Why Front Running Earnings Announcements Doesn't Work For Most People
Earnings season is mostly in the books, but everybody knows the next one is never far away. It’s already time to start putting a strategy in place to profit from the next season.
It might be time to change your playbook: Stop front running earnings announcements.
In honor of California Chrome winning the second leg of Triple Crown, let’s look at this in terms of horse racing. Some people have studied horse racing all of their lives. They know the sport from every angle including the trainers, the intricacies of the track and the lineage of the horses in the field.
They also know how to read stats in the racing forms, they understand the flow of bets and how that will affect the odds as the race draws closer. But in the end, they know that it’s a game of chance, the best they can do is make an educated guess and hope that the unknown variables don’t come into play, ruining all of their strategizing.
Every rule has its exceptions, as they say, but when was the last time you heard of somebody making a fortune betting on horse races?
Front running earnings announcements is similar. There are plenty of statistics. You can look at past earnings and how the market reacted; you can read analyst reports and employ some technical analysis but the biggest factor to consider is risk.
What would make you put your money in harm’s way? Is the potential for making big money enough of a reason to risk losing big?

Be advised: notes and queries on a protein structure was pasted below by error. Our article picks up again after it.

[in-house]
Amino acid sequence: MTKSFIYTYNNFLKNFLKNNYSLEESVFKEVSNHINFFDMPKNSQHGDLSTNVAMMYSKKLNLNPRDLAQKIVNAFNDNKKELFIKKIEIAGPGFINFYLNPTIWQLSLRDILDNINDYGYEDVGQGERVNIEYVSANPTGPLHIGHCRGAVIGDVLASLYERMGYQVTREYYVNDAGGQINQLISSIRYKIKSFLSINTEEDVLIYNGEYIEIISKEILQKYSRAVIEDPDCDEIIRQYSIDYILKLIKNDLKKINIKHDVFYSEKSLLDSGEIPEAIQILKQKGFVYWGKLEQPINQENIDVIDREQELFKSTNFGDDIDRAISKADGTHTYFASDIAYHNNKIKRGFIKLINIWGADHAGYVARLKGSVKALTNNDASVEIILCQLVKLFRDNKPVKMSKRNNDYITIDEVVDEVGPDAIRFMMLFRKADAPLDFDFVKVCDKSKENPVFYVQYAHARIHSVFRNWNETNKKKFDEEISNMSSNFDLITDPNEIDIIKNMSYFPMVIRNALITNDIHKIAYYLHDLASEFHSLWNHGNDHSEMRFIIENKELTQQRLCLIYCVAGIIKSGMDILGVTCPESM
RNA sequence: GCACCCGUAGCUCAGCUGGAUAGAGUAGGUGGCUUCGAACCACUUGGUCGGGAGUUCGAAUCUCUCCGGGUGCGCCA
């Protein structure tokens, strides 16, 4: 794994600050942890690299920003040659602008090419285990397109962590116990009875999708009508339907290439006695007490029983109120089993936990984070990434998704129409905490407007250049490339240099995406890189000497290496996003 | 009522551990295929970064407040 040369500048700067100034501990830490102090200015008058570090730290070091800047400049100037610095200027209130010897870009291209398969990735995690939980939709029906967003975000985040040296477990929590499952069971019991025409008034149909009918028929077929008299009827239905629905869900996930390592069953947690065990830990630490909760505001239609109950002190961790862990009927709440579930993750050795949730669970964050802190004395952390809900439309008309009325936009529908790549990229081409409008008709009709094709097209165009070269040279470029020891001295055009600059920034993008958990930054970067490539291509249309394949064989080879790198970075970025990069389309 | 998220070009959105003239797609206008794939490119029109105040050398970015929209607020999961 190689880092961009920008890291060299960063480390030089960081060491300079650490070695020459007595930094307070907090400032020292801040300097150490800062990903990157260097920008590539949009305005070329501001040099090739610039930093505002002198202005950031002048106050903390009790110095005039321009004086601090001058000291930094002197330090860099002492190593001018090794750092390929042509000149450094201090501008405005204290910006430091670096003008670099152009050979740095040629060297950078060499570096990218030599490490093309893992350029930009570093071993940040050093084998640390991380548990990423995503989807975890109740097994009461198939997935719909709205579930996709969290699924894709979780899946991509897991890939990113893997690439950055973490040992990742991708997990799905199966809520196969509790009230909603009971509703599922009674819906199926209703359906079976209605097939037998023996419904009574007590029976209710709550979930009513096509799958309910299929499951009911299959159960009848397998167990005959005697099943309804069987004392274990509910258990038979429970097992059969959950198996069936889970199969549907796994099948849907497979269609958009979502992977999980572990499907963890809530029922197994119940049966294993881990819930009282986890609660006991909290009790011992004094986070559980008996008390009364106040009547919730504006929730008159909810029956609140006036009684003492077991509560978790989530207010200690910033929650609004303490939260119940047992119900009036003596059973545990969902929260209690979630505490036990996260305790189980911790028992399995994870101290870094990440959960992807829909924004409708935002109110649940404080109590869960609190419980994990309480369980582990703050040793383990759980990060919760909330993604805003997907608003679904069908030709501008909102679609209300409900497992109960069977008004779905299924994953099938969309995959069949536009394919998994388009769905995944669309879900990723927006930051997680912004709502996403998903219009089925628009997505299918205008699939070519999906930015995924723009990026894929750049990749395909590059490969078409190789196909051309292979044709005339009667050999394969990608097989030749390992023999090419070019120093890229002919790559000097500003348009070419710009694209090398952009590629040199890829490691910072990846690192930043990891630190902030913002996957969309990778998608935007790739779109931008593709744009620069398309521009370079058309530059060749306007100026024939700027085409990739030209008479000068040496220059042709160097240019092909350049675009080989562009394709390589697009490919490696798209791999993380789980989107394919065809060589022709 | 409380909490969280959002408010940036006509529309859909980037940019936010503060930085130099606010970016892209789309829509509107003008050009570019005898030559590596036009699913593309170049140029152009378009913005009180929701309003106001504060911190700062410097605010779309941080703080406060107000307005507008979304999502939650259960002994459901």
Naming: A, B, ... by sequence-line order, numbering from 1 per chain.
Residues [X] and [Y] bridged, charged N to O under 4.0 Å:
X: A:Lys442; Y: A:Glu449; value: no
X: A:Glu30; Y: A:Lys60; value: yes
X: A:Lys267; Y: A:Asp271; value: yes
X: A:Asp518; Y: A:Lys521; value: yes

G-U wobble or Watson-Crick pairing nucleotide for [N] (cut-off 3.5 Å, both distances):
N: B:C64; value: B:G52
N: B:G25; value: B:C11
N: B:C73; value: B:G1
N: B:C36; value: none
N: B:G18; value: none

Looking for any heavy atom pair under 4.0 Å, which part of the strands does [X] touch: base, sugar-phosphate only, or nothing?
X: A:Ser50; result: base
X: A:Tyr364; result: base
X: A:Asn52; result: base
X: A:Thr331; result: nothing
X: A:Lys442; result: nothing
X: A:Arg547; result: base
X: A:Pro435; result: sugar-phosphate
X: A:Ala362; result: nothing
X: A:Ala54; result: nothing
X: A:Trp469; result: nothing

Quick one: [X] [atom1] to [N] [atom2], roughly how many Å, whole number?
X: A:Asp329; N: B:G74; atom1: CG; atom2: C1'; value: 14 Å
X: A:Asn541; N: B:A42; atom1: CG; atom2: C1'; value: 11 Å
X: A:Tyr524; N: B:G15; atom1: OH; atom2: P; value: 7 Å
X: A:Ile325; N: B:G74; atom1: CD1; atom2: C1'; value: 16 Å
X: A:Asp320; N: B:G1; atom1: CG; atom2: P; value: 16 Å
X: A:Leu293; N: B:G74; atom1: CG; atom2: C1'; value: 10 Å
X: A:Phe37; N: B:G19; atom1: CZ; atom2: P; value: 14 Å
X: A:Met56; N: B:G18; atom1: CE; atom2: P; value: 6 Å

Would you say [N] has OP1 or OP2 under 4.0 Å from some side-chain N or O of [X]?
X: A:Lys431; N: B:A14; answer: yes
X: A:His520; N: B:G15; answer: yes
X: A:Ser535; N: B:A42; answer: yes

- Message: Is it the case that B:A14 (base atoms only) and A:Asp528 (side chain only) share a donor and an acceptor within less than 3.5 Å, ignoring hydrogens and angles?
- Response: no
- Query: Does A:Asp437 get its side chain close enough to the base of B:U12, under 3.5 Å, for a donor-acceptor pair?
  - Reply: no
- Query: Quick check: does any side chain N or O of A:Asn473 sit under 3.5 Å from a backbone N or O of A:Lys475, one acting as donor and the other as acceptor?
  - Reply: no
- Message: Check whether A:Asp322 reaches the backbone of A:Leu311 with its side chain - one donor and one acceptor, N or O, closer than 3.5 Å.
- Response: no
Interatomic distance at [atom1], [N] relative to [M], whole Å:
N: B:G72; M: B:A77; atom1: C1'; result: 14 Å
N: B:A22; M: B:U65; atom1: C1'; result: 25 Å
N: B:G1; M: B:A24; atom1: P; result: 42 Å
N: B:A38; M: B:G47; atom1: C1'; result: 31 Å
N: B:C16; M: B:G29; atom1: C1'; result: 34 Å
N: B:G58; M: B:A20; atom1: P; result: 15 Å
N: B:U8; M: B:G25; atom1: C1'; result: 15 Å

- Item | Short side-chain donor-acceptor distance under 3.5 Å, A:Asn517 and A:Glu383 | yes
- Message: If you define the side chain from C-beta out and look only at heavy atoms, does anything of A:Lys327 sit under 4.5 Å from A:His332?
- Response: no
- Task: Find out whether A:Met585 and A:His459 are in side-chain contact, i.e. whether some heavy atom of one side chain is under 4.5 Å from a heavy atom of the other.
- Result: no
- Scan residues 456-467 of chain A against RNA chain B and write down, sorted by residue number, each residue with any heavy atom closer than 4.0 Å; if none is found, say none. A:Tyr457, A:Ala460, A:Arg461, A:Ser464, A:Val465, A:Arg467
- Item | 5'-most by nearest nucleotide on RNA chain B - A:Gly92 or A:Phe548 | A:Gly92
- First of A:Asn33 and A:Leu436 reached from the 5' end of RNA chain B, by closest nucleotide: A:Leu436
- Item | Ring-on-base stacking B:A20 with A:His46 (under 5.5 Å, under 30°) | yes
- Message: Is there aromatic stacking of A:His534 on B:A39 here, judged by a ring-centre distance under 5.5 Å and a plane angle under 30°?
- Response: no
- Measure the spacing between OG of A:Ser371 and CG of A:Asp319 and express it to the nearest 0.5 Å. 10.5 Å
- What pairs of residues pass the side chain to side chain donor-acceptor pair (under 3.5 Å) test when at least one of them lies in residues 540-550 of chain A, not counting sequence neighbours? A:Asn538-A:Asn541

Lots of people enjoy a thrilling wager, and that’s why we wrote, 4 Compelling Trades Ahead Of Thursday's Earnings on May 7. Twelve days later, we see that each of those four stocks did the same thing: a big move and then a correction. Three of the four are only fractionally different than they were on May 7.
In order to profit, you had to get the direction of the initial reaction correct and get out of the trade at the right time.
Any earnings trader knows that a stock that beats earnings on all fronts sometimes moves shapely lower while the most disappointing earnings announcement sometimes results in the stock moving higher. The initial move after the announcement isn’t much different than betting on a horse. It’s an educated guess at best.
What to Do
Instead of front running to trade the initial reaction, play the correction. If a stock runs up sharply, there’s a good chance that short-term profit taking will take place. If the stock moves lower, expect value investors to buy the dip if the company is otherwise strong. These types of actions aren’t without risk, but they follow less emotional rules of investing and are far less risky than front running.
Second, don’t go all-in. If you’re an options trader, be ok with not capturing all of a move in order to hedge your bet. If you’re a stock trader, a pairs trade or simply a very small position is the best move.
Finally, some will tell you of the big gains they made trading earnings announcements. A one-time win doesn’t qualify as a sound strategy. Some will make a lot of money front running the announcement but for most, that isn’t the case. Don’t let the chance of a big win take you away from a strategy that involves sound risk/reward analysis.
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